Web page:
In Germanic languages, the name is "the knot of the fallen". It refers to fallen warriors. In this symbolism, he has a profound bond with God Odin. It can be found engraved on many Viking funerary stones.
Odin, among others, is the God who receives the warriors killed in action in Valhalla. We are therefore in the presence of a symbol that accompanies the deceased's journey through different worlds to Valhalla, a sign embodying the post-mortem world of warriors.
In this context, warriors are solar heroes who have managed to escape the law of cycles and become immortal.
Valknut evokes death, in the sense of the liberation of the soul. This solar hero theme is typical of pagan Indo-European traditions.
He is composed of three intertwined triangles, these are three intertwined triangles symbolizing the roots of Yggdrasil (3X3 = 9) and thus the nine worlds of the Asatru religion.
But not only, the Valknut created by the God Odin gathers the past, Urd, the present, Verdandi and the future, Skuld (Urd, Verdandi and Skuld who are the three Norns, Goddesses of Destiny).
This symbol is therefore linked to figures 9 and 3 of the Asatrúar religion and of German-Nordic paganism. This symbol shows us then that contrary to what the religious texts want us to believe most of the time, that the Gods are, like all beings of the nine worlds, inferior to the Goddesses of destiny the Norns, the God Odin does in truth what he wants from this law.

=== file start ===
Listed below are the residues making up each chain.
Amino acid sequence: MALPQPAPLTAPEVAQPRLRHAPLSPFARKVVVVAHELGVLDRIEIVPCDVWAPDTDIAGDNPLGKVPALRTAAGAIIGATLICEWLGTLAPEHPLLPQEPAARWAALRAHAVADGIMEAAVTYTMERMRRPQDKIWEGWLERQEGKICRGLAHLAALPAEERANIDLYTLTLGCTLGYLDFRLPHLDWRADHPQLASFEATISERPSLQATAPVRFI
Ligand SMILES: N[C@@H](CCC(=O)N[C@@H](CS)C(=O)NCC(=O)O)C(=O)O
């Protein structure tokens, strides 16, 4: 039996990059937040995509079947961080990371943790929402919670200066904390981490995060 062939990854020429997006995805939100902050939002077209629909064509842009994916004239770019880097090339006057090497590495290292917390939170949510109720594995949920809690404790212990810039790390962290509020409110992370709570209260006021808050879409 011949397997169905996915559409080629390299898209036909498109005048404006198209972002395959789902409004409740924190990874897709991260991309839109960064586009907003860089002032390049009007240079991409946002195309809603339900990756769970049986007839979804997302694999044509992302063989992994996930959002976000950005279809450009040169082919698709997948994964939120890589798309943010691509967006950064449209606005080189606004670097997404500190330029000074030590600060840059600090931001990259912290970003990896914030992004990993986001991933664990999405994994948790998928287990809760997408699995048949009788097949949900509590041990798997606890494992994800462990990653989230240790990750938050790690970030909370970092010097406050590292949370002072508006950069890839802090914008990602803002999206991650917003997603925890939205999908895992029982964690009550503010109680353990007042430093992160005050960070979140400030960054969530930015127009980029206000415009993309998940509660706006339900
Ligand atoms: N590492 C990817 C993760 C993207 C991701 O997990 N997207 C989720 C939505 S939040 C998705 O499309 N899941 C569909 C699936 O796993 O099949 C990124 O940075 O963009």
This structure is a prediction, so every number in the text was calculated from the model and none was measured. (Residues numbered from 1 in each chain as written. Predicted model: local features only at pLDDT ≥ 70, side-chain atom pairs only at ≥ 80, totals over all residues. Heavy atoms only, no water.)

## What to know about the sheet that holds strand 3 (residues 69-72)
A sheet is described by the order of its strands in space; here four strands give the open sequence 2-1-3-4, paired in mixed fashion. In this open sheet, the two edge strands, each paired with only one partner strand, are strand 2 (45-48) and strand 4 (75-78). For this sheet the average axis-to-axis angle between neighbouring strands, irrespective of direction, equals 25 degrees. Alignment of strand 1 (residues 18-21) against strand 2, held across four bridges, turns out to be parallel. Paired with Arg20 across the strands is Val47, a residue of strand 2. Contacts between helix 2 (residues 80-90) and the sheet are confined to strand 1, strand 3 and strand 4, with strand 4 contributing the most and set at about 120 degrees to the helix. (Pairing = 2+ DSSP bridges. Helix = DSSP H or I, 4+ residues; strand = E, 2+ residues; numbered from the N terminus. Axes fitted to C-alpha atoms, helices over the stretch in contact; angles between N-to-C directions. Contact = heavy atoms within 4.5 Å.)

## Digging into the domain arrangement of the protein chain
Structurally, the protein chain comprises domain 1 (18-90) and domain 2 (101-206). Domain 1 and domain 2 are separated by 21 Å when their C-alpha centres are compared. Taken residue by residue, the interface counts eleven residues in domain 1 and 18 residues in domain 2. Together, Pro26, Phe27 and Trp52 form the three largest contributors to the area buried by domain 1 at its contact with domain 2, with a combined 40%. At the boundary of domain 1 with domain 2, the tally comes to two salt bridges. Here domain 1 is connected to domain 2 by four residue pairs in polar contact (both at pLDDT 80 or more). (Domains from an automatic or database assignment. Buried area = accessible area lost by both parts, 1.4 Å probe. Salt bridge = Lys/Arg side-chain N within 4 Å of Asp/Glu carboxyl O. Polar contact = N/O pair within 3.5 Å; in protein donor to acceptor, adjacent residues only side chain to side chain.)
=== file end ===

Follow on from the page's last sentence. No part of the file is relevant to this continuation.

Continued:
The number 3 symbolizes the three levels of the sacred:
It symbolizes fate through the three Norns: Goddesses of Destiny.
This number 3 multiplied by itself gives 9, a sacred number that represents the cosmogonic totality, the whole harmonious and divine.
❄️ Nifelheim / Muspelheim: Ice and Fire,🔥
🌐 Asgard/ Helheim: Sky and Infra-World, 🌈
🌀 Vanaheim/ Jötunheim: Creation and Destruction, 🗿
🌕Alfheim/ Svartalfeim: Light and Darkness.🌑
The number 9 linked to Valknut is sacred to Ásatrú because it is often found:
The god Thor has his hammer, and the god Odin his symbol.
According to some sources, there appear to be two separate representations for Valknut.
The Valknut drawn in one piece is the older of the two representations, while the three interlaced triangles arrived later, probably because it was born from a bad copy of the original, or a symbol of late evolution.
In any case, Valknut has a deep symbolism in the asatru symbol of the fallen and thus becomes heroes, it takes a great place in a religion where the cult of ancestors is very important.
The blood bond between ancestors and descendants must not be lost, the loss of this bond is sacrilege, a terrible profanation, or even a real abomination in the great moral Ásatrúar.
Fortunately, this is no longer just an old way of thinking and this ideology is now perceived as bad because the blood mixture is scientifically proven beneficial for man.
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